You know how every once in a while a cocktail just comes out right the first time. And this was one I wasn't really looking for. I had a standard Manhattan recipe, but we've always got an open bottle of Johnny Drum, so I wanted to see how it matched with the vermouth I had open - Cocchi's Vermouth Di Torino. To match with bitters, I stood in front of the bitters box in the bourbon cabinet and alternatively nosed the Johnny Drum and the bitters until I found two that matched. And Oh, My God.
This Manhattan is perfect for me. It's got a great balanced of sweet from the vermouth and bourbon nose and taste. The bitters heighten all the baking spices I get from the bourbon. It's so good members of my family who never drink Manhattans will ask for this one any time they visit.
I'll add the batch instructions at the end. In case you've got a Manhattan lover who needs a gift.
The Contessa's Manhattan
2 oz Johnny Drum
1 oz Cocchi Vermouth di Torino
5 drops Woodford's Sorghum and Sassafras bitters
3 drops Old Forester's Bohemian bitters
Garnish: orange peel and/or cherry
Add the ingredients to a mixing glass and fill with ice. Stir until well-chilled and strain into a chilled coupe glass. Garnish with an expressed orange peel and/or cherry.
The Contessa's BATCHED Manhattan
2 cups Johnny Drum
1 cup Cocchi Vermouth di Torino
35 drops Woodford's Sorghum and Sassafras bitters
20 drops Old Forester's Bohemian bitters
1/2 cup water
Pour ingredients into a 30 oz container, stir and place in the fridge until well-chilled. I keep a bottle in the fridge for those last minute visitors needing a cocktail. Mix for a house-warming or hostess gift for those bourbon-lovers in your house. This makes 8 cocktails.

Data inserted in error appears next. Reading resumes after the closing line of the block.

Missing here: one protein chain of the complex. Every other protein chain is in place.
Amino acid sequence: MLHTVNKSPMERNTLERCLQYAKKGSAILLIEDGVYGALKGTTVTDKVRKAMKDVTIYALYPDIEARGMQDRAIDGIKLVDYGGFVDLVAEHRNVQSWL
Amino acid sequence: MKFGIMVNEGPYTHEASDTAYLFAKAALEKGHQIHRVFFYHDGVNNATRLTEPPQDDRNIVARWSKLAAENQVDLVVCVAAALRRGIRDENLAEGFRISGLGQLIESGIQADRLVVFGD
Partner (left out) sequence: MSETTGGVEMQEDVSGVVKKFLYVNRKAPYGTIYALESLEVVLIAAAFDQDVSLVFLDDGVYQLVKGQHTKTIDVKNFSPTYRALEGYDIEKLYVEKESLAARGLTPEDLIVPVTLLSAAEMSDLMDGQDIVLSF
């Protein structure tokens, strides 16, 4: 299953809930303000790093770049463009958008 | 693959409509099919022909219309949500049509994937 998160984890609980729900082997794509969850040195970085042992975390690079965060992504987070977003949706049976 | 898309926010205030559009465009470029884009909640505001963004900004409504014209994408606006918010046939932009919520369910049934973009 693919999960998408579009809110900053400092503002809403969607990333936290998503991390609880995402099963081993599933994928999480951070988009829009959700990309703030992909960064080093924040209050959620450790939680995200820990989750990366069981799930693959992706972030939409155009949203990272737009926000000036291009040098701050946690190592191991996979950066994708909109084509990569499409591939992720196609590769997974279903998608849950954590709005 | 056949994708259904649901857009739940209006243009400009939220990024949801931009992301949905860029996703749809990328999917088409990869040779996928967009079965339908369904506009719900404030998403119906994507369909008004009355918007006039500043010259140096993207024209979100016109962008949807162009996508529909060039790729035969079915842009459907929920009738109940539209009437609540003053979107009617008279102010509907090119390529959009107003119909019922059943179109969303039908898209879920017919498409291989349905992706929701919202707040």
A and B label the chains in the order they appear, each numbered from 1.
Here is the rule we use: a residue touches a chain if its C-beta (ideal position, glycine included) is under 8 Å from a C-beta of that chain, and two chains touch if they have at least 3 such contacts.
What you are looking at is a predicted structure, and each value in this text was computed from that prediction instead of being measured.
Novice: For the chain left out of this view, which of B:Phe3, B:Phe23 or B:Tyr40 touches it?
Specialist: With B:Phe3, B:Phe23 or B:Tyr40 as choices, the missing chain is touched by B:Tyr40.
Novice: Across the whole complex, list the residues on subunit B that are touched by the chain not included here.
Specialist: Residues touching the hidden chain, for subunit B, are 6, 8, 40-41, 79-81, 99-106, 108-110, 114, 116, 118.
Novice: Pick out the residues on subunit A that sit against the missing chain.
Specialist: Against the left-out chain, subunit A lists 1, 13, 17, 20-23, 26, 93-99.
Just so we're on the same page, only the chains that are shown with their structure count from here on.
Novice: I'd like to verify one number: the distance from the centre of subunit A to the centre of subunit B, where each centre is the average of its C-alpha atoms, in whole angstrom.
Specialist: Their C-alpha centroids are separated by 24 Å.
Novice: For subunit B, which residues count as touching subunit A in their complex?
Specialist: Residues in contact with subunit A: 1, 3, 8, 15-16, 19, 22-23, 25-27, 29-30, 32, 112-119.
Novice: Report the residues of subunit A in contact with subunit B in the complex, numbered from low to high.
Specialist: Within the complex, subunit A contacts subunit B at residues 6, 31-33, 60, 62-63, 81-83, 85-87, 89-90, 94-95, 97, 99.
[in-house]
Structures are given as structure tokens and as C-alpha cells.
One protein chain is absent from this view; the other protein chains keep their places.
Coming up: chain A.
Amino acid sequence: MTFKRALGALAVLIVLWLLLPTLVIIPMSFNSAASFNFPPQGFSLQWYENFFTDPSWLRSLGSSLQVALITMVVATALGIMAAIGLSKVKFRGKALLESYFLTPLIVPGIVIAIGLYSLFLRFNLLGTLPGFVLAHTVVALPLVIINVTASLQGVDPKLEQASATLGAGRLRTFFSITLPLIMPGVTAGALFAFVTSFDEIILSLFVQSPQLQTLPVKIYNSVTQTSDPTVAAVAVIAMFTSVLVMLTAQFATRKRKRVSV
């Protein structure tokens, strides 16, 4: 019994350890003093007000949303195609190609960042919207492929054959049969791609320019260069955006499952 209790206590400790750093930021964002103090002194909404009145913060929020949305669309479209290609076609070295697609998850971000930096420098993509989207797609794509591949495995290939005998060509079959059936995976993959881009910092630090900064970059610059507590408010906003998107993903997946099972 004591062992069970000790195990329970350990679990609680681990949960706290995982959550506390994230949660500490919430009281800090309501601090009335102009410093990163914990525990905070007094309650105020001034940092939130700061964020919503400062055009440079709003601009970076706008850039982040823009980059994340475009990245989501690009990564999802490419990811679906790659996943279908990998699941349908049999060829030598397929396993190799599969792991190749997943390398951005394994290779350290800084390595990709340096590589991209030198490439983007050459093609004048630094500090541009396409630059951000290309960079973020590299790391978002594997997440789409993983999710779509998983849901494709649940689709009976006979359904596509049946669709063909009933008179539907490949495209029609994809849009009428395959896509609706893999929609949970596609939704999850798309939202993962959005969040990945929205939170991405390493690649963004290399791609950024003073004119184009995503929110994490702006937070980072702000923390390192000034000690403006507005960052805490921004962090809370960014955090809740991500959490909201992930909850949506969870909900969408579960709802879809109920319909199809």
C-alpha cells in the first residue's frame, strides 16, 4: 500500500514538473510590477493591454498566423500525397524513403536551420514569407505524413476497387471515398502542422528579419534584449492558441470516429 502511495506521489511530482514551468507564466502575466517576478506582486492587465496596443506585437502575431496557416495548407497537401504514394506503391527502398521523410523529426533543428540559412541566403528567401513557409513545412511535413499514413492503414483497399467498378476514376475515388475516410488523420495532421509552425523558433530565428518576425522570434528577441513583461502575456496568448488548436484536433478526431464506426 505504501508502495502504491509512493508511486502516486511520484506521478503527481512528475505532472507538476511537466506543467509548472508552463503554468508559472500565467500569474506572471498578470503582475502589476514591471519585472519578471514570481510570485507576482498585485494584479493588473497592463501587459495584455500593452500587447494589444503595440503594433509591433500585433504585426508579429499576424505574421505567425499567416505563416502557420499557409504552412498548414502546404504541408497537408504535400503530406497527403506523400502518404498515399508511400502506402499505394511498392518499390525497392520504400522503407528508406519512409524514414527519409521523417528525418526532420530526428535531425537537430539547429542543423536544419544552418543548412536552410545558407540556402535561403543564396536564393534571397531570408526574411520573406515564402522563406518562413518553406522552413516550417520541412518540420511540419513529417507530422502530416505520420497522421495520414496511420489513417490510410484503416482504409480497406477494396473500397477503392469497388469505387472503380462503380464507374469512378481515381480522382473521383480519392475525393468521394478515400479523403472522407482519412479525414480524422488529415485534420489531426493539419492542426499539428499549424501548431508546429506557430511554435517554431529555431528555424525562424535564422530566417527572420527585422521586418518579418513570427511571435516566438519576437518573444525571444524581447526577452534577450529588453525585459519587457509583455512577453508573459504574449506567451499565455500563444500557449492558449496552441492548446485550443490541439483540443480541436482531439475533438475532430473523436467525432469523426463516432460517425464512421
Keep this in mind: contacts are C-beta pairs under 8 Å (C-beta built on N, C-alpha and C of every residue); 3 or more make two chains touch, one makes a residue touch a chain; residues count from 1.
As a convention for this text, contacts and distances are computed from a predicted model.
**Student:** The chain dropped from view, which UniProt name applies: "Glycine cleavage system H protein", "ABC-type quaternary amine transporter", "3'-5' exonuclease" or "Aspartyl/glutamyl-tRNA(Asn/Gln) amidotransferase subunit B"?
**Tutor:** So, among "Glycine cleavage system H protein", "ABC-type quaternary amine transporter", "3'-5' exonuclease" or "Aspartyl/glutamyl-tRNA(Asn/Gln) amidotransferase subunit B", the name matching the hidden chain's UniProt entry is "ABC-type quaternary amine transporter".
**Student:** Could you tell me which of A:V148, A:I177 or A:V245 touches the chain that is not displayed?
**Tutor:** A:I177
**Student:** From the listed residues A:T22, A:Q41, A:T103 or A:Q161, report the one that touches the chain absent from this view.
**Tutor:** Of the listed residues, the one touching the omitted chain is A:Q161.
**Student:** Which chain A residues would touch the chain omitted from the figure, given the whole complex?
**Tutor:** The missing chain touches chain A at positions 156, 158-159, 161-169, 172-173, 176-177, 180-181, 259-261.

PSA: Keep your Vermouth in the fridge at all times!
Ever had a whiskey you just knew you had to put into a cocktail? That's how I felt about Skrewball Peanut Butter Whiskey when I tried it. We'd gone into the Village Anchor for an anniversary dinner and got there early enough to have a few cocktails and talk to the bar manager. He let us try a sip of Skrewball. All I could think of was getting that in a cocktail that made me think of peanut butter and jelly sandwiches.
Now, this isn't my final draft of the cocktail. I still need to figure out a way to get the grape jelly taste in there without using actual jelly, but this was a damn good cocktail. Not pretentious, not anything you'd find in a fancy place, but it's a fun front-porch on a warm night kinda cocktail. You can thank me later.
Pb & J
1 oz bourbon
1 oz Skrewball peanut butter whiskey
1 T grape jelly at room temperature
1 dash of black walnut bitters
Place ingredients in a cocktail shaker, fill with ice and shake. Strain into a rocks glass filled with large cubes of ice. Garnish with a strawberry or just a swipe of grape jelly on the rim. Enjoy.
Even though I live in Bourbon Country, there are a surprising number of non bourbon drinkers. To that end, I wanted to make a cocktail that had some bourbon in it, but was approachable to the non-bourbon drinkers. It was going to be a hot day, so I wanted a cocktail a little lower in proof, so used lower proof ingredients and added lemonade to keep it low even after adding a 90 proof bourbon.
I was in a rush to get to the party, so only have this picture of my picnic batch presentation. If you're the host, simply dress it up in a beautiful pitcher with lemon and orange slices.
I Fall to Peaches (single)
1 oz bourbon
1 oz peach liqueur (I prefer Giffard's it's more expensive than peach schnapps, but there really is no comparison here.)